October 4, 2010
CanaData Construction Industry Forecasts Conference
Canadian office-building market proves resilient
The Canadian office market has largely withstood the ravages of global recession, while housing starts will show a moderate decline through 2011, two prominent economic analysts told the annual CanaData conference.
Office occupancy rates are down in major Canadian markets, but a relatively healthy financial services and commodities sector has circumvented a major tenant implosion.
“Canadian markets have been better able to withstand the depths of recession and have outperformed their U.S. counterparts through the last five years,” says Paul Morse, senior managing director and national practice director of office leasing with Cushman & Wakefield.
“However, capital is still interested in this sector, with pension funds in particular, both Canadian and foreign, looking at office buildings as a performer.”
The likelihood of new office projects depends largely on individual markets, he says.
Vancouver has yet to see the critical mass of vacancies required to spur a major new development.
Weakness in Calgary towers can be traced largely to sluggish natural gas markets, which show signs of recovery. The Ottawa market is likewise absorbing excess vacancies, while a stable Montreal market shows signs of some new development.
“In Toronto, the real weakness in the downtown market is in legacy towers, such as the TD Centre, which require major upgrades and carry legacy tax burdens,” says Morse.
An expanding downtown, however, is seeing new office projects with lower gross costs being established from Bathurst Street in the west to the Don River in the east, in large part because young urban professionals prefer to live downtown.
“Office projects with residential development on top will be the new norm for Toronto going forward,” says Morse.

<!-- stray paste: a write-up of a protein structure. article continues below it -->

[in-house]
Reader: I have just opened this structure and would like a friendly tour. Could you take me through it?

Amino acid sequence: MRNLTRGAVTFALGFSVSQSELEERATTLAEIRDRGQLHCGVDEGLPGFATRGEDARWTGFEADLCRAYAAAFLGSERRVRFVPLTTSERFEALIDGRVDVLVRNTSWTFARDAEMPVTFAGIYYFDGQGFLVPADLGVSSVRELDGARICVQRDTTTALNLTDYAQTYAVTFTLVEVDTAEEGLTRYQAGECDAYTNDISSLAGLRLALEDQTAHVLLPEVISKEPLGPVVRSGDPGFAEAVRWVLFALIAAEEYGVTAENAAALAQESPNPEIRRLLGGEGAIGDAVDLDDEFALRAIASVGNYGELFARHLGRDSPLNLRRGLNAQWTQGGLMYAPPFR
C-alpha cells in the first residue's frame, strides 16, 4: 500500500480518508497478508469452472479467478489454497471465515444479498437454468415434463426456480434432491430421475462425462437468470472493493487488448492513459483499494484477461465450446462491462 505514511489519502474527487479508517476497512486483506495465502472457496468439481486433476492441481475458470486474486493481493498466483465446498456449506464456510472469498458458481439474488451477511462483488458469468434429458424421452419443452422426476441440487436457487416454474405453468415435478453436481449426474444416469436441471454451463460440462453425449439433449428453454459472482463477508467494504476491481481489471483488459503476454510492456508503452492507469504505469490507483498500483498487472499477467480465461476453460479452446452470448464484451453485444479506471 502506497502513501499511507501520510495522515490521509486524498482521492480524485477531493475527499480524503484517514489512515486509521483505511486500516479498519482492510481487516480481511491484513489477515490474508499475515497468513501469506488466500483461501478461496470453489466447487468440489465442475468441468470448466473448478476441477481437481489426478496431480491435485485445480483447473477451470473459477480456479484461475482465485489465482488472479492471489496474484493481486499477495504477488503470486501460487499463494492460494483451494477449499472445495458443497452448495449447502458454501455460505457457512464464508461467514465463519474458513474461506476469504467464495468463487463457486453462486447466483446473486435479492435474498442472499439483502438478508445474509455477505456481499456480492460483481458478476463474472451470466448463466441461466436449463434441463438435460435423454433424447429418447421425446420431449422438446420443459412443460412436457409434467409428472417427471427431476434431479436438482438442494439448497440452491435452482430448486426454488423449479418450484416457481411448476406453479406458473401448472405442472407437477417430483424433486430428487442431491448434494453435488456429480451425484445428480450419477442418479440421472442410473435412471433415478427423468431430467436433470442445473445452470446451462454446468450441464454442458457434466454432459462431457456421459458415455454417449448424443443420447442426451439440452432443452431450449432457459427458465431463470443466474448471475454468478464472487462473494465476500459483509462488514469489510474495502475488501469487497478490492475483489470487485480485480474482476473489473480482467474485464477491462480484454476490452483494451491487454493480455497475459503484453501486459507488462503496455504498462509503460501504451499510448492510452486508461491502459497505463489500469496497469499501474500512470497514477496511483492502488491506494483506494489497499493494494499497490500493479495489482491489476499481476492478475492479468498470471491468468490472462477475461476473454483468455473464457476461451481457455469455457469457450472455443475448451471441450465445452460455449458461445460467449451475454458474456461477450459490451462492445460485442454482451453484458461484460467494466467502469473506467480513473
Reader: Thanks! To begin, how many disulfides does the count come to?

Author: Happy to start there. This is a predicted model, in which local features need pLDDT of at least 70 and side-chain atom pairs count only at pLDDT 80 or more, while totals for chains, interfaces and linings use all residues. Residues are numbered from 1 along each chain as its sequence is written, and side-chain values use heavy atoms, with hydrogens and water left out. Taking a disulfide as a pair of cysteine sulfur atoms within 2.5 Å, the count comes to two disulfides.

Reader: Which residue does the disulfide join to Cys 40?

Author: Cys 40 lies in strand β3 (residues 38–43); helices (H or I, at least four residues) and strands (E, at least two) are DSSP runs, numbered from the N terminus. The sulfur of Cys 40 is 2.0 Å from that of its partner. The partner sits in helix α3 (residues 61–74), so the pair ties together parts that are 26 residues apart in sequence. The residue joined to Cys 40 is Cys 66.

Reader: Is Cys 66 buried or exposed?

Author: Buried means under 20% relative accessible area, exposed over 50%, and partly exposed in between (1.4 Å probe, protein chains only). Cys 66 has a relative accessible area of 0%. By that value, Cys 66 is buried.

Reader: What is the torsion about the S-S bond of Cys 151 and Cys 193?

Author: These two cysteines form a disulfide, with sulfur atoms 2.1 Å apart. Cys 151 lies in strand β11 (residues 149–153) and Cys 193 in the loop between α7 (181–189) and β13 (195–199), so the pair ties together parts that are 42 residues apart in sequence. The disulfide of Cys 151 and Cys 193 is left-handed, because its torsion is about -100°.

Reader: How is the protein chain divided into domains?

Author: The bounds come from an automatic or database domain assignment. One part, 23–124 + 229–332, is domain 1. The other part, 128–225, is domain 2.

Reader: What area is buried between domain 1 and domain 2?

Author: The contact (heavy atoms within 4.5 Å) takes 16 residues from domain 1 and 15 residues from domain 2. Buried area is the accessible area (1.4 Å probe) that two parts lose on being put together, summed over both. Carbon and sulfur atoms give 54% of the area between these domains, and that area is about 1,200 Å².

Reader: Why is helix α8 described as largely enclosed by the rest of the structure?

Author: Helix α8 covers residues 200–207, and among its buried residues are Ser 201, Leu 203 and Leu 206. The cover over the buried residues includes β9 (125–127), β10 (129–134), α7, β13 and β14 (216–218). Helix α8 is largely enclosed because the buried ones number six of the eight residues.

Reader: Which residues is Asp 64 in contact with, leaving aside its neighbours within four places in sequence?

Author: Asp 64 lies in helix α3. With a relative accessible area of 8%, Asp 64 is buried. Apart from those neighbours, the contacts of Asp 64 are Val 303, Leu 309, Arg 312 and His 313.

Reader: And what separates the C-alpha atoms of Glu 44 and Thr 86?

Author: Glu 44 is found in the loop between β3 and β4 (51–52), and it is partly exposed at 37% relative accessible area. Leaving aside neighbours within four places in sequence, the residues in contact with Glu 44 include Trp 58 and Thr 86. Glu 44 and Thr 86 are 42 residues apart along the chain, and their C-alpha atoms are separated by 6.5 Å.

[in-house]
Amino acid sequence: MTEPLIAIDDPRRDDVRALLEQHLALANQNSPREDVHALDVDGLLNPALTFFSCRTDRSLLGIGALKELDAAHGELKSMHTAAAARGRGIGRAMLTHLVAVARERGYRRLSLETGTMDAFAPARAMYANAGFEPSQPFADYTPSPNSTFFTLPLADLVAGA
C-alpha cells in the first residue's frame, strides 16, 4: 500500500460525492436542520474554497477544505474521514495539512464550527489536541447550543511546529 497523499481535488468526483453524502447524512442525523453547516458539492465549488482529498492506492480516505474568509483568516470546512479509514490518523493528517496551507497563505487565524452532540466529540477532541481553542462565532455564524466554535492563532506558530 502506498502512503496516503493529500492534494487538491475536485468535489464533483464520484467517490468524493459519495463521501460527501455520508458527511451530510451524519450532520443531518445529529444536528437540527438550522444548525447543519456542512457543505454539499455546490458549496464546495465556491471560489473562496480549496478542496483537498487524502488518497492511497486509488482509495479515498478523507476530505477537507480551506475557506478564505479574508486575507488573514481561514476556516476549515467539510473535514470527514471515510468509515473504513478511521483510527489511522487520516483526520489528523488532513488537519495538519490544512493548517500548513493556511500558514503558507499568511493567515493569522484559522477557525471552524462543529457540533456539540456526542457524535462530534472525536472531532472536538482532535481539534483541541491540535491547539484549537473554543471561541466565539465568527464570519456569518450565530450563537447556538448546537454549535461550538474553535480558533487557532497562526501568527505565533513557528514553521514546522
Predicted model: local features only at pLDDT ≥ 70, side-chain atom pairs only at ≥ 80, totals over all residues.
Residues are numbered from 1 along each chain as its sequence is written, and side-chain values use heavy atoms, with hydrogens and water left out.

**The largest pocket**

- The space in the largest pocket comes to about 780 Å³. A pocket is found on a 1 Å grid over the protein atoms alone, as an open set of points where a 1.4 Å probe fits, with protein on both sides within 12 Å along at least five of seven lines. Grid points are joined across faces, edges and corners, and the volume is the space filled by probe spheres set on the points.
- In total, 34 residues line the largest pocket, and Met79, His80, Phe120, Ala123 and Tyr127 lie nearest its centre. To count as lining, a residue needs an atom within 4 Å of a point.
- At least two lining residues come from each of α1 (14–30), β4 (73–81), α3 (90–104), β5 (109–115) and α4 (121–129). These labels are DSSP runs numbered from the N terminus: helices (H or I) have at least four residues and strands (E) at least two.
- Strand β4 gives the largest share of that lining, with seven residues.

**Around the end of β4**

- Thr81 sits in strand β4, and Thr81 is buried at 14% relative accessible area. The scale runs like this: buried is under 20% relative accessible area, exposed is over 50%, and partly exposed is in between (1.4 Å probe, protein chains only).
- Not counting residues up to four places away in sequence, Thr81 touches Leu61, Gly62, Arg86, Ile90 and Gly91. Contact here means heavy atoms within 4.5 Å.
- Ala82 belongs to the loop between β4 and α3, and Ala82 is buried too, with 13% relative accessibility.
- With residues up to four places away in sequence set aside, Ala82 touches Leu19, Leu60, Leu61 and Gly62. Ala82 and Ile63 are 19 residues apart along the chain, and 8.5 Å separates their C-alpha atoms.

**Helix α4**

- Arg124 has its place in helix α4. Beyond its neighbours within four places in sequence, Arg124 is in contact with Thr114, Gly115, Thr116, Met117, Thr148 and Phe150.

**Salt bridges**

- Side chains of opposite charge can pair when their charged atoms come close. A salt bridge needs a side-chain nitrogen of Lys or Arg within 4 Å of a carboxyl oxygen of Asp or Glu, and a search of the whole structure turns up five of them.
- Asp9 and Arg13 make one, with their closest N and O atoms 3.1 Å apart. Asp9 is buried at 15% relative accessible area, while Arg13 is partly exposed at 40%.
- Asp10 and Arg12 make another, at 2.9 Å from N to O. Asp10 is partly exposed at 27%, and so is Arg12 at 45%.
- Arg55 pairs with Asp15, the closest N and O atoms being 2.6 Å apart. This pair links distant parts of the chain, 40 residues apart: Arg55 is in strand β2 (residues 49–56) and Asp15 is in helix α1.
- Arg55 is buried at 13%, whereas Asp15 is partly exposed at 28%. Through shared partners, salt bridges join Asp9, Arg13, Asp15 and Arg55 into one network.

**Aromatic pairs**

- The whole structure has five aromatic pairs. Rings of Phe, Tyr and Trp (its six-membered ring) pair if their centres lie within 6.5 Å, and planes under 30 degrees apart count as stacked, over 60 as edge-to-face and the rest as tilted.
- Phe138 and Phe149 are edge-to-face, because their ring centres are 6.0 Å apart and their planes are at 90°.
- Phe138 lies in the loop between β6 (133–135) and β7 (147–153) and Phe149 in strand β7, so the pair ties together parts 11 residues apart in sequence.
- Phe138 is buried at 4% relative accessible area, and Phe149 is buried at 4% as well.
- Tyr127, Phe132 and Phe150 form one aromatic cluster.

Housing starts, however, will see a slight decline in 2011, as pent-up demand for housing is met this year,” says Peter Norman, Senior Director and General Manager, Altus Group.
“We’ll see a projected 169,000 housing starts in 2011, versus an estimated 181,000 in 2010.”
In Ontario, the impending HST fueled some of the 2010 demand for housing. Despite recent declines in five-year mortgage rates, however, the youth market is “less exuberant” about home ownership, which will lead to a resurgence in the rental market over the short term, Norman says.
|MOST POPULAR STORIES|
|TODAY’S TOP CONSTRUCTION PROJECTS|
These projects have been selected from 483 projects with a total value of $1,715,828,019 that Reed Construction Data Building Reports reported on Monday.
$140,000,000 Toronto ON Prebid
$86,000,000 Carleton Place ON Prebid
$44,614,480 Burlington ON Tenders
- Youth get hands-on at Future Building expo
- Taskgroup to work on engaging Aboriginal communities
- World Cup stadium strike comes to an end
- Former Quebec construction boss admits collusion involvement
- Manufacturing labour shortage to get a boost from government
- LEED-approved projects are booming in 2014
- Large wave of project enter Holcim Awards competition
- Former finance minister Jim Flaherty has died
- Siemens Canada awarded first wind turbine order in Saskatchewan
- Journal of Commerce Preview for the week of April 14th, 2014
- Fort McMurray airport terminal getting ready for take off
- B.C. government forms liquefied natural gas working group
- Kitimat residents vote against Northern Gateway pipeline
- Precast concrete enables net-zero homes
- Learning to dig safely can save lives
- Ex construction boss admits to collusion in government contracts
- P3 Fund launches
- Supreme court won't hear case involving construction mogul
- Minister spurns spat over plant